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International breeding programs to improve health in pedigree dogs

Abstract : Dog health constitutes a major concern for breeders, owners, as well as the general public, all the more since several study and reports have recently underlined potential impacts of breeding practices on dog health and fitness (APGAW 2009, Nicholas 2011). According to Online Mendelian Inheritance in Animals (OMIA, more than 586 disorders/traits have been reported in dogs, with various prevalence and consequences for canine health (Collins et al. 2011, Nicholas et al. 2011). As an exemple, Orthopedic Foundation for Animals (OFA 2011, consider that Hip Dysplasia, a polygenetic trait affected by environmental factors, with variable impact on welfare, affects at least 163 dog breeds, with prevalence ranging from 1.2 to 72.1%. Implementation of breeding plans in order to reduce incidence of inherited disorders and their impact on welfare should be a priority for breeders and breeding organizations. Efficiency of such strategies is however highly dependant on several factors such as inheritance pattern, availability of efficient clinical/genetic test, and specific context conditions (prevalence, demography, existence of other disorders, cooperation of breeders…). For instance, it has been showed that for a monogenic recessive disorder with the same frequency, impact of a given strategy on genetic diversity will be completely different depending on the breed (Leroy and Rognon 2012). It is also important to underline that breeding context and breeding rules are very different according to countries. As an exemple, in Sweden the large proportion of pets insured (about 50%) allows the settlement of large surveys on dog health (Bonnett et al. 2005), leading to the identification of disorders critical to breed welfare. Depending on countries, the control of inherited disorders is implemented through various measures, from breeding recommandations to mating ban. In the case of hip dysplasia, a genetic evaluation system has been implemented in some countries (Germany, Sweden, UK) for a few breeds, while in some other countries, it is still under development. The fact that for many breeds there is an exchange of breeding animals between several countries with different breeding policies constitutes also a critical point to be taken into account, when settling a breeding strategy. Moreover it has been showed that efficiency of genetic evaluation for a polygenic trait such a hip dysplasia could be improved by joint evaluation between different countries (Fikse et al. 2012). For this purpose, a preliminary project, starting 2013 in Sweden, will investigate the interest of exchanging pedigree and health data within the framework of Nordic Kennel Union. The aim of this project is to provide operational tools to improve breed health in an international context, concerning both genetic evaluation and implementation of breeding policies.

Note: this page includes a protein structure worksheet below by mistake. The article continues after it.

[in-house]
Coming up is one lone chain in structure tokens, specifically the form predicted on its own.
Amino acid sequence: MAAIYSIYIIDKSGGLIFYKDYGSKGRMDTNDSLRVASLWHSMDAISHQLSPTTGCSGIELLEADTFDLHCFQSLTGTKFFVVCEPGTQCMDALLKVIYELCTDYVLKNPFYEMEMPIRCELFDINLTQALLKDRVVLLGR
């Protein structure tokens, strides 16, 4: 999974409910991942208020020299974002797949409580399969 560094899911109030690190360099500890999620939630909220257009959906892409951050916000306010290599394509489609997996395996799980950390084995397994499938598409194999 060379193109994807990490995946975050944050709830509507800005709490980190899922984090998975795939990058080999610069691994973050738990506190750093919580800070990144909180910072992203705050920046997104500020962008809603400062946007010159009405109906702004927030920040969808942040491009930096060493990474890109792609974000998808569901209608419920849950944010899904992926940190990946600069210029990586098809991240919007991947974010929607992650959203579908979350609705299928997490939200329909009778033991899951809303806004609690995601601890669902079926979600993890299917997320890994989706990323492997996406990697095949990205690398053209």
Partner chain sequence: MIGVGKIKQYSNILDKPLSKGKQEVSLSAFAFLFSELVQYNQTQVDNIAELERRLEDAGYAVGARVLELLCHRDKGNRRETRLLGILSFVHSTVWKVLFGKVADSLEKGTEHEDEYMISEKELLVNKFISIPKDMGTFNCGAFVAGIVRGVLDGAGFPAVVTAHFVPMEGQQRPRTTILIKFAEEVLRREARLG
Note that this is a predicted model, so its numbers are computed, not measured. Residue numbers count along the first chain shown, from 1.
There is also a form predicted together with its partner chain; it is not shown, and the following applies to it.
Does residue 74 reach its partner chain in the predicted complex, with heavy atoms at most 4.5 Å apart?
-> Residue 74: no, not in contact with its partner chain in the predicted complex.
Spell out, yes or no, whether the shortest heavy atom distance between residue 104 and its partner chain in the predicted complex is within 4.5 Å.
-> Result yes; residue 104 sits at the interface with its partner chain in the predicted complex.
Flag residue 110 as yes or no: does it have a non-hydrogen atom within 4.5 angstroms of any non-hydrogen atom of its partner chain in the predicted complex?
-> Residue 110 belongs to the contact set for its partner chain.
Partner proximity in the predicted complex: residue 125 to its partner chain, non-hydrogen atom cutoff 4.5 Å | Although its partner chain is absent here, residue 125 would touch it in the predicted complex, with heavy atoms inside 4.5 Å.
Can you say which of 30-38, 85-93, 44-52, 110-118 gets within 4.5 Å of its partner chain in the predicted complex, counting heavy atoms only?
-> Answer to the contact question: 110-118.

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Submitted on : Friday, July 5, 2019 - 2:45:06 PM
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Shizhi Wang. International breeding programs to improve health in pedigree dogs. Animal production studies. Institut agronomique, vétérinaire et forestier de France; Sveriges lantbruksuniversitet, 2018. English. ⟨NNT : 2018IAVF0006⟩. ⟨tel-02175081⟩